Published on March 30th, 2016 | by Alan Cross0
Five Music Subcultures Spawned by the Internet You Probably Don’t Know About (And Maybe Need to Stay Away From)
The Internet is a strange place where an endless series of self-organizing communities come and go. Music fans who might have otherwise remained alone and alienated find like-minded people who then–well, that’s where the fun begins.
This is especially true with music. The Internet seems to spit out an endless series of new sub-sub-sub-genres, the lifespans of which might be measured in just months or even weeks. Andrew points us to this article at High Snobiety which highlights five of these music styles that may have escaped your attention. Let’s begin with “Health Goth.”
The latest subcultural trend to be seized upon by the fad-thirsty masses – landing second place in the most Googled fashion trends of 2014, no less – is one whose meaning and origin has been so modified and misconstrued that its creators could easily give up the fight out of sheer exhaustion.
With a genesis that dates back to a Facebook page created in 2013 by video artist Chris Cantino and Portland-based musicians Mike Grabarek and Jeremy Scott (no, not that Jeremy Scott), “Health Goth” was first formed purely as an aesthetic curation of images that were meant to “[reference] evolution and relate it back to subcultures, things like bio-enhancement technology, anti-aging medication, and how it all feeds into this ideal of ‘pursuing perfection’.”
Frequent themes of the page were BDSM, sterile net art graphics, visions of cyborg-like physical idealism, and monochromatic technical sportswear, with interests in trans-humanism and accelerationist theory driving the overall credo. Running contrary to the original health goth agenda, however, is the widely misappropriated notion of “gymming for goths,” which has been frequently credited to a rival website launched by Chicago-based producer and party promoter Johnny Love. According to health goth’s actual founders, Love cashed in on their aesthetic (via branded apparel and a “Health Goth Fitness Bible”) once it started to gain traction, spawning the idea that many attribute to the name today.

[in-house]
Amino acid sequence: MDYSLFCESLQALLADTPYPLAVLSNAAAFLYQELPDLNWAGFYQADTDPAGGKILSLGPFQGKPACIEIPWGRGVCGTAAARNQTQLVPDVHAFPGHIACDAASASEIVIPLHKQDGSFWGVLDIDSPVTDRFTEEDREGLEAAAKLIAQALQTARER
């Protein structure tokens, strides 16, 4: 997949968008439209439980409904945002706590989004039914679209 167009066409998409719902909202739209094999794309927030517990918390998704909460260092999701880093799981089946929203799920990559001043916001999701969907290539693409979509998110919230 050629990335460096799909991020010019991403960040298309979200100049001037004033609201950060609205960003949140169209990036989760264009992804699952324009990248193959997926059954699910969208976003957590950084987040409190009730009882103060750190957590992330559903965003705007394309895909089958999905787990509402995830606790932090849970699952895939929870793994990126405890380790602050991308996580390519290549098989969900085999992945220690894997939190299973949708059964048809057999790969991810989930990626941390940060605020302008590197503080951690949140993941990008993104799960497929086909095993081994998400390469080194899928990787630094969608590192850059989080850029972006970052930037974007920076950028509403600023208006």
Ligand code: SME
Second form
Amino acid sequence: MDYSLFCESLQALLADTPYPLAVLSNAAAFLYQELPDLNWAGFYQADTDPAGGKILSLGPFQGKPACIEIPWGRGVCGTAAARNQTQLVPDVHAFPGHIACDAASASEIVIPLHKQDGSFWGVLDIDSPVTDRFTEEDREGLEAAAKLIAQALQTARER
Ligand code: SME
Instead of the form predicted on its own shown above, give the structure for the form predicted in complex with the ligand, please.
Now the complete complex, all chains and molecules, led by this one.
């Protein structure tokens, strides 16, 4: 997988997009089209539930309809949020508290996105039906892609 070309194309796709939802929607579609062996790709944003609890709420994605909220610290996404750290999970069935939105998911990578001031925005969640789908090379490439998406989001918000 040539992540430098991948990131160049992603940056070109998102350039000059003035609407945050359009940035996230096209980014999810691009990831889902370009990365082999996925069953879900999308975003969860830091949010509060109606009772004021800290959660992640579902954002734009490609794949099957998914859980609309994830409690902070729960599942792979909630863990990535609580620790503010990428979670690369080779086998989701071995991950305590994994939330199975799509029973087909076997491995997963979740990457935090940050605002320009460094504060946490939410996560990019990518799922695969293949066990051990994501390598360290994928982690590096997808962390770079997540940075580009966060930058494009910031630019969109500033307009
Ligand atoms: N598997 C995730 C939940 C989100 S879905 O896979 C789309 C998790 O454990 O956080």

Now parodied, plagiarized and plucked from its cyber-generated petri dish by mainstream media outlets, health goth has gone from being a niche community of abstract art enthusiasts to a full-blown fashion trend. Everything from muscle-bound gym heads donning head-to-toe Rick Owens at Planet Fitness, to Alexander Wang’s H&M collaboration, to an inverted Nike Swoosh began appearing under the #HealthGoth hashtag. Even OG health goth pioneers were being summoned by the head honchos at adidas’s Portland HQ to consult about the look. Though still retaining a pulse in the current trend circuit, like many of its social media-fueled forerunners it will only be a matter of time before health goth’s momentum wanes and its mesh-lined bionic suit begins to stagnate.
And then, just like all those that came before it, this “hottest new trend” will find itself consigned to the depths of a desktop “inspo” folder, while eager eyes and index fingers search elsewhere for new ideas.
Fascinated? Go here to learn about “soft grunge,” “vaporware,” “seapunk” and “witch house.”